Subscribe to our Newsletter and get informed about new publication regulary and special discounts for subscribers!

IJET > IJET Volume 8 > Dielectric and Conductivity Properties of Some...
< Back to Volume

Dielectric and Conductivity Properties of Some Wood Composites

Full Text PDF


This study presents the dielectric and conductivity properties as function of temperature and frequency of wood based composites. These properties were measured by an open-ended coaxial probe at frequency range between 100 kHz to 100MHz, temperature from 30OC to 200OC which is fully computer interfaced. It has been observed that dielectric constant (ε') and dielectric loss factor (ε") increase with increasing temperature and decrease with increasing frequency. At low temperature region, the conductivity depends significantly on the frequency. However, with the increase in temperature dielectric relaxation takes place and the dependency of the conductivity on frequency get reduced. The patterns of variation were established for the studied specimens and discrepancies were discussed. The study of dielectric properties will help in improving the drying, heating and gluing processes of wood and wood based products.


International Journal of Engineering and Technologies (Volume 8)
K.C. Varada Rajulu and B.N. Mohanty, "Dielectric and Conductivity Properties of Some Wood Composites", International Journal of Engineering and Technologies, Vol. 8, pp. 51-60, 2016
Online since:
August 2016

[1] W.L. James, Dielectric properties of wood and hard board variation with temperature, frequency, moisture content and grain direction. No. FSRP-FPL-245. FOREST PRODUCTS LAB MADISON WIS, (1975).

[2] W.L. James, Dielectric properties of Douglas-fire at various combinations of temperature, frequency and moisture content, Forest prod. J. 27(6) (1977) 44-48.

[3] D.W. Hamil, Dielectric properties of douglas-fire measured at microwave frequencies, Forest. Prod. J. 15(2) (1965) 51-56.

[4] C. Skaar, The dielectric properties of wood at several radio- frequencies, Tech. Bull. 69 N.Y. State Coll. Forest., N.Y., (1949).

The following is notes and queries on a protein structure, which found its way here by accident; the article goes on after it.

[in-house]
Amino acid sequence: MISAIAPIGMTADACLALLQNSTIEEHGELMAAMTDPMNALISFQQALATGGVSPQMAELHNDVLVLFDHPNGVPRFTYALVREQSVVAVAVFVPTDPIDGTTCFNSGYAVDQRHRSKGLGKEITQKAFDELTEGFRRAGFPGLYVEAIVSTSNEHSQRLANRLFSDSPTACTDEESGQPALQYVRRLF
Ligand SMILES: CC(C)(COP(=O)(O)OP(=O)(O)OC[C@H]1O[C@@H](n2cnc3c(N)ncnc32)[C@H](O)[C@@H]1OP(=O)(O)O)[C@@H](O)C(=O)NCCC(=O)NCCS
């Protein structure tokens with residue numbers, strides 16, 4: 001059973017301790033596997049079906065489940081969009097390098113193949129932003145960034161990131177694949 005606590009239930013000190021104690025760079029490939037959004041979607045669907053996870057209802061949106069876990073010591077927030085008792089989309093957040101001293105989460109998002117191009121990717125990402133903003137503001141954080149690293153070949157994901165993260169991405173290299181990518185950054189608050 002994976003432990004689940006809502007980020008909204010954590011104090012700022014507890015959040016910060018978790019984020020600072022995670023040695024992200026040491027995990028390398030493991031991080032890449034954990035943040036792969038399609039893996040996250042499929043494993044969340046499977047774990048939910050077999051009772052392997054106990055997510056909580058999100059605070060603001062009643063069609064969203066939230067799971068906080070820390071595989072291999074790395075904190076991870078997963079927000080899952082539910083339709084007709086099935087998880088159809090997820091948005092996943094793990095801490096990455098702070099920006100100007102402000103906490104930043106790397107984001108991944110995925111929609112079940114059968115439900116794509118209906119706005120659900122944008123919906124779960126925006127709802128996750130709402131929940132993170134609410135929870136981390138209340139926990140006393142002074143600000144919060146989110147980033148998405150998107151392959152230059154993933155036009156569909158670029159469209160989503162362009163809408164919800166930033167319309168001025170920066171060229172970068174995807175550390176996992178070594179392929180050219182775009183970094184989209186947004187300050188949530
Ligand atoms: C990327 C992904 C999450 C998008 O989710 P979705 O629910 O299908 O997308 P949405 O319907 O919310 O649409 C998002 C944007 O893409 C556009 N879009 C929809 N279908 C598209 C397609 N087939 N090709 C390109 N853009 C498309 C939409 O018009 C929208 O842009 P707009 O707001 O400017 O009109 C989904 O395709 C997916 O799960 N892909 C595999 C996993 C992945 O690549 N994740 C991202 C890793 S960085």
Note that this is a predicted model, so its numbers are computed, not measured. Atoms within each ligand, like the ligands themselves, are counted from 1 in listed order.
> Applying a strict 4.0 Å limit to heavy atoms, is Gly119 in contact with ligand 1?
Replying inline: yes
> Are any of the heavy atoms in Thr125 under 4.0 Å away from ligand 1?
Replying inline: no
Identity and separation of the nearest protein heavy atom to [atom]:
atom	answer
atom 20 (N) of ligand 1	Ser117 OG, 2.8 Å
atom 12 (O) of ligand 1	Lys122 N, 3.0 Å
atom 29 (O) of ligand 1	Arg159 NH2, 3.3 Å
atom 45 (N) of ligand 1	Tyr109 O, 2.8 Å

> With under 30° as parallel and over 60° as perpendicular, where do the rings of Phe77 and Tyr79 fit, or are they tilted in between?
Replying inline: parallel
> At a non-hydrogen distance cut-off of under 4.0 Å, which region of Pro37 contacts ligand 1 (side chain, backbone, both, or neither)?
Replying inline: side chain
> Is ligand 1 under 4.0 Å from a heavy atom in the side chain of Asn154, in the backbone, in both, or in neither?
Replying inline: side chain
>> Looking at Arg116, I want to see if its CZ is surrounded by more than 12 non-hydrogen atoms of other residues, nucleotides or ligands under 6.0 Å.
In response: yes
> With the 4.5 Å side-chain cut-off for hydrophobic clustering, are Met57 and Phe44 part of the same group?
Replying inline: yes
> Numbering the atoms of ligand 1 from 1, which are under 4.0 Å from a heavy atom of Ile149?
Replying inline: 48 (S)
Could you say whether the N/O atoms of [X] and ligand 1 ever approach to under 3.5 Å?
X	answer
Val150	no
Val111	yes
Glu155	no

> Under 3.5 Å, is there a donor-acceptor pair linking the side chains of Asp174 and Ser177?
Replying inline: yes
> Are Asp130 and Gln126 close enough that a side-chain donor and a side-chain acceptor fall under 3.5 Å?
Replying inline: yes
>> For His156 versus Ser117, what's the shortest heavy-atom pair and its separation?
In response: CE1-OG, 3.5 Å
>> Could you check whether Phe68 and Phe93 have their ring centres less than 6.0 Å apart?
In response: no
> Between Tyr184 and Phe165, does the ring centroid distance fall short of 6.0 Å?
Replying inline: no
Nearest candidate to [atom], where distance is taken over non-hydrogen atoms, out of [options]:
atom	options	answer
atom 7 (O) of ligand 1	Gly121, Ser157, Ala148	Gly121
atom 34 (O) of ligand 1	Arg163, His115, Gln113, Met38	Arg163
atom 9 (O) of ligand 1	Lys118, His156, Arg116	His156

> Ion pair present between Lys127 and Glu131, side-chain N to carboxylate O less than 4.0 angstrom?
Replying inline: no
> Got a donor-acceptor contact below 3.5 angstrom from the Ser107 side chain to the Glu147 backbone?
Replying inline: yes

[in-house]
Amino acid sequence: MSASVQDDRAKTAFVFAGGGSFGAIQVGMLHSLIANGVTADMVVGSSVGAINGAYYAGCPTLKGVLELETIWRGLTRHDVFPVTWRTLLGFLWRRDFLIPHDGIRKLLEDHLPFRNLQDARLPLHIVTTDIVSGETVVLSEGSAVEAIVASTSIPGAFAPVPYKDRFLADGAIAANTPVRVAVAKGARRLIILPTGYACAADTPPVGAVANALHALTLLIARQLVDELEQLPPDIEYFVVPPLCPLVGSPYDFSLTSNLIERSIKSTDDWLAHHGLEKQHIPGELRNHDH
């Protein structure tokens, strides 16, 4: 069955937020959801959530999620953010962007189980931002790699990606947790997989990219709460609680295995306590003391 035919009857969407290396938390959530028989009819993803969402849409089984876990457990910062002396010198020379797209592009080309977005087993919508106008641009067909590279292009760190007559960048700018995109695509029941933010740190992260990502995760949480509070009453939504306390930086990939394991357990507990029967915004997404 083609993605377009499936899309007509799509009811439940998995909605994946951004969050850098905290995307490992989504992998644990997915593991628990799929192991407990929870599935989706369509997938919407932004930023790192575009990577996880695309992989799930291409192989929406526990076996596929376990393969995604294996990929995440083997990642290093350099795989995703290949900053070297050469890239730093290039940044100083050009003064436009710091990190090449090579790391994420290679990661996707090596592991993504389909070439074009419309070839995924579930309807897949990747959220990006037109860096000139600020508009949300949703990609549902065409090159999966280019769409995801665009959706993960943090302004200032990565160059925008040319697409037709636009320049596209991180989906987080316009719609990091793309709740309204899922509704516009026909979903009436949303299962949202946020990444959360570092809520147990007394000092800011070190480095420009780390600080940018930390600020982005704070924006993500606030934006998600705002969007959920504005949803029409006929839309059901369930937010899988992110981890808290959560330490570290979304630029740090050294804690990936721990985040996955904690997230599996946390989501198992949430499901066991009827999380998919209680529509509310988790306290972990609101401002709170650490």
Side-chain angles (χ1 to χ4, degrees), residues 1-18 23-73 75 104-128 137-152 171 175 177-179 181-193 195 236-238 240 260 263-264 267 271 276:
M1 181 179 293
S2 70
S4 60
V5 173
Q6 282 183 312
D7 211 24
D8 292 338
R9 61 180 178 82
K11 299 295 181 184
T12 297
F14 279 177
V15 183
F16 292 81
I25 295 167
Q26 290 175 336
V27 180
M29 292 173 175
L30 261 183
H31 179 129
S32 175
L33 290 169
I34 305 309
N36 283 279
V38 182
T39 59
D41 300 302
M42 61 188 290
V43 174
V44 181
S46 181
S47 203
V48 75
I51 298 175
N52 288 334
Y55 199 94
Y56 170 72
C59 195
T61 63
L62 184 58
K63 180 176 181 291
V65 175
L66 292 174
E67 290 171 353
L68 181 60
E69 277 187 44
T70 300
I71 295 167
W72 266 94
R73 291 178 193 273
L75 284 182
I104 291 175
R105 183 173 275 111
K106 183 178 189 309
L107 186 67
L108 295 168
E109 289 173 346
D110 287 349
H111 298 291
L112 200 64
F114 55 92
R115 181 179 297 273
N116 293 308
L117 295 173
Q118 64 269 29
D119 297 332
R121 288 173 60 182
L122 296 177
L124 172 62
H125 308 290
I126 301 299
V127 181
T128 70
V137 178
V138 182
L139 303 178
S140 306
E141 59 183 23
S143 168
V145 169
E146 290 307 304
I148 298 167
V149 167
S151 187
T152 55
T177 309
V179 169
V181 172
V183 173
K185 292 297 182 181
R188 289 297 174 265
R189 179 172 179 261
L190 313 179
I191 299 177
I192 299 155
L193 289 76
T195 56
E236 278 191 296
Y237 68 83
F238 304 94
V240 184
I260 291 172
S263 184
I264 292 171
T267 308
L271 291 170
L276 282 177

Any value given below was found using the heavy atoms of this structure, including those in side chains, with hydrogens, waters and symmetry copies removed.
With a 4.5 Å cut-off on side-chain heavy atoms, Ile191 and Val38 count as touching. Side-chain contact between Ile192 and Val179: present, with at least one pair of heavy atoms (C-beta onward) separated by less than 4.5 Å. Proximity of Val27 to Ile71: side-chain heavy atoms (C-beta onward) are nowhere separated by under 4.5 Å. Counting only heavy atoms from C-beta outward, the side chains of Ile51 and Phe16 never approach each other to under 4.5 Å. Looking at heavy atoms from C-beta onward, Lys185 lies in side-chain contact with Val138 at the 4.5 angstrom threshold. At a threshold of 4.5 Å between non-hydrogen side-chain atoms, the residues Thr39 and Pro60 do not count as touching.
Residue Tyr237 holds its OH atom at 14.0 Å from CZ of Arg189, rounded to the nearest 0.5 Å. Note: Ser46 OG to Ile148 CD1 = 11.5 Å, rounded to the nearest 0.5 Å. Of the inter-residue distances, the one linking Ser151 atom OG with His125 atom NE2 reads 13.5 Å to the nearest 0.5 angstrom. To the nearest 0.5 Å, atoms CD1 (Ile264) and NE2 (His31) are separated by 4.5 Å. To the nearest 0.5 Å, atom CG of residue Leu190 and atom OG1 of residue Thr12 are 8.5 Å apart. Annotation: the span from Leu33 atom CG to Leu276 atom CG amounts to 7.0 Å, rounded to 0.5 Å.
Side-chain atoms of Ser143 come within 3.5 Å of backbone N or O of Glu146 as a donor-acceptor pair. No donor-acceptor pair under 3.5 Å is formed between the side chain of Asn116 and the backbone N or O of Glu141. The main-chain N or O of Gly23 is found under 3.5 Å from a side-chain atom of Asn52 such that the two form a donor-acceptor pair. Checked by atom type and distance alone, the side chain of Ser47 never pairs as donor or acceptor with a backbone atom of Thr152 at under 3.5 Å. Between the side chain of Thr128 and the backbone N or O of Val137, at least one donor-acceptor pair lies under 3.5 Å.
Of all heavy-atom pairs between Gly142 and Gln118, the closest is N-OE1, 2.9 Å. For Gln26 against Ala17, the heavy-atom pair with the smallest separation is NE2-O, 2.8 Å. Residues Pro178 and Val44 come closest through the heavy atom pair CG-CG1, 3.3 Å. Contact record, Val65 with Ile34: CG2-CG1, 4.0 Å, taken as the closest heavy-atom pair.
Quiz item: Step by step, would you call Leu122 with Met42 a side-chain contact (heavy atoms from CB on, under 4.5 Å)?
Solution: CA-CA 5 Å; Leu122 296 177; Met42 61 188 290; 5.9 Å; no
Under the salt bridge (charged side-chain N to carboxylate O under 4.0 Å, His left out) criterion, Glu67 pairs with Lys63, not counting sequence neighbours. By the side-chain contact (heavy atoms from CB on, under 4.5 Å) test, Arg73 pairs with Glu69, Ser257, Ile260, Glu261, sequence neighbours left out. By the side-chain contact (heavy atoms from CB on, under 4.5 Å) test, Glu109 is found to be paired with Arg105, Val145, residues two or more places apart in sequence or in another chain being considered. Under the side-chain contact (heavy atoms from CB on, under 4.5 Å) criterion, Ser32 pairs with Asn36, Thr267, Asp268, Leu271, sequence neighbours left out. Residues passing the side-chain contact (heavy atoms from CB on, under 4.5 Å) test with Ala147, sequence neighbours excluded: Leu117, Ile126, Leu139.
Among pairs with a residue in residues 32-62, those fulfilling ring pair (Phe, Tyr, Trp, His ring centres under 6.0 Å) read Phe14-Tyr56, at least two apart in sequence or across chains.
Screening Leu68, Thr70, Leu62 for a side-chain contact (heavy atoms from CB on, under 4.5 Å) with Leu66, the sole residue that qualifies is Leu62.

[5] J. Rafalski, Dielectric properties of compressed beech wood, Forest Prod. J. 17 (1967) 64-65.

[6] R.T. Lin, Review of the dielectric properties of wood and cellulose, Forest prod. J. 17 (1967) 61-66.

[7] G.I. Torgovnikov, Dielectric properties of wood and wood based materials, Springer-Verlag, New York, (1993).

[8] S. Ramaswamy, B. Mohtaderi, Dielectric properties of Typical Australian wood-based biomass metrials at microwave frequency, Energy and Fuels. 24(8) (2010) 4534-4538.

[9] M Norimoto, T Yamada, The dielectric properties of wood III. The relationship between dielectric loss factor and specific gravity, J. Jan. Wood. Res. Soc. 16 (1970) 364-369.

[10] A.Z. Nanassy, Electric polarization measurement on yellow birch, Can. J. Phys. 42 (1964) 1270-1281.

[11] J. Tsutsumi, H. Watanabe, Studies on dielectric behaviour of wood. I Effect of frequency and temperature on ε' and ε", Mokuzai Gakkaishi. 11(6) (1965) 232-236.

[12] Mike Golio: The RF and microwave Handbook. CRC press(2001).

[13] A.B. Lidiard, Handbuch der Physik. 20 (1957) 294.

[14] K. Funke, C. Cramer, D. Wilmer, Diffusion in condensed Matter-methods materials, models. Springer, Berlin, (2005).

[15] W. Dieterich, P. Maass, Non-Debye relaxations in disordered ionic solids, Chemical physics. 284(1) (2002) 439-467.

Show More Hide
Cited By:
This article has no citations.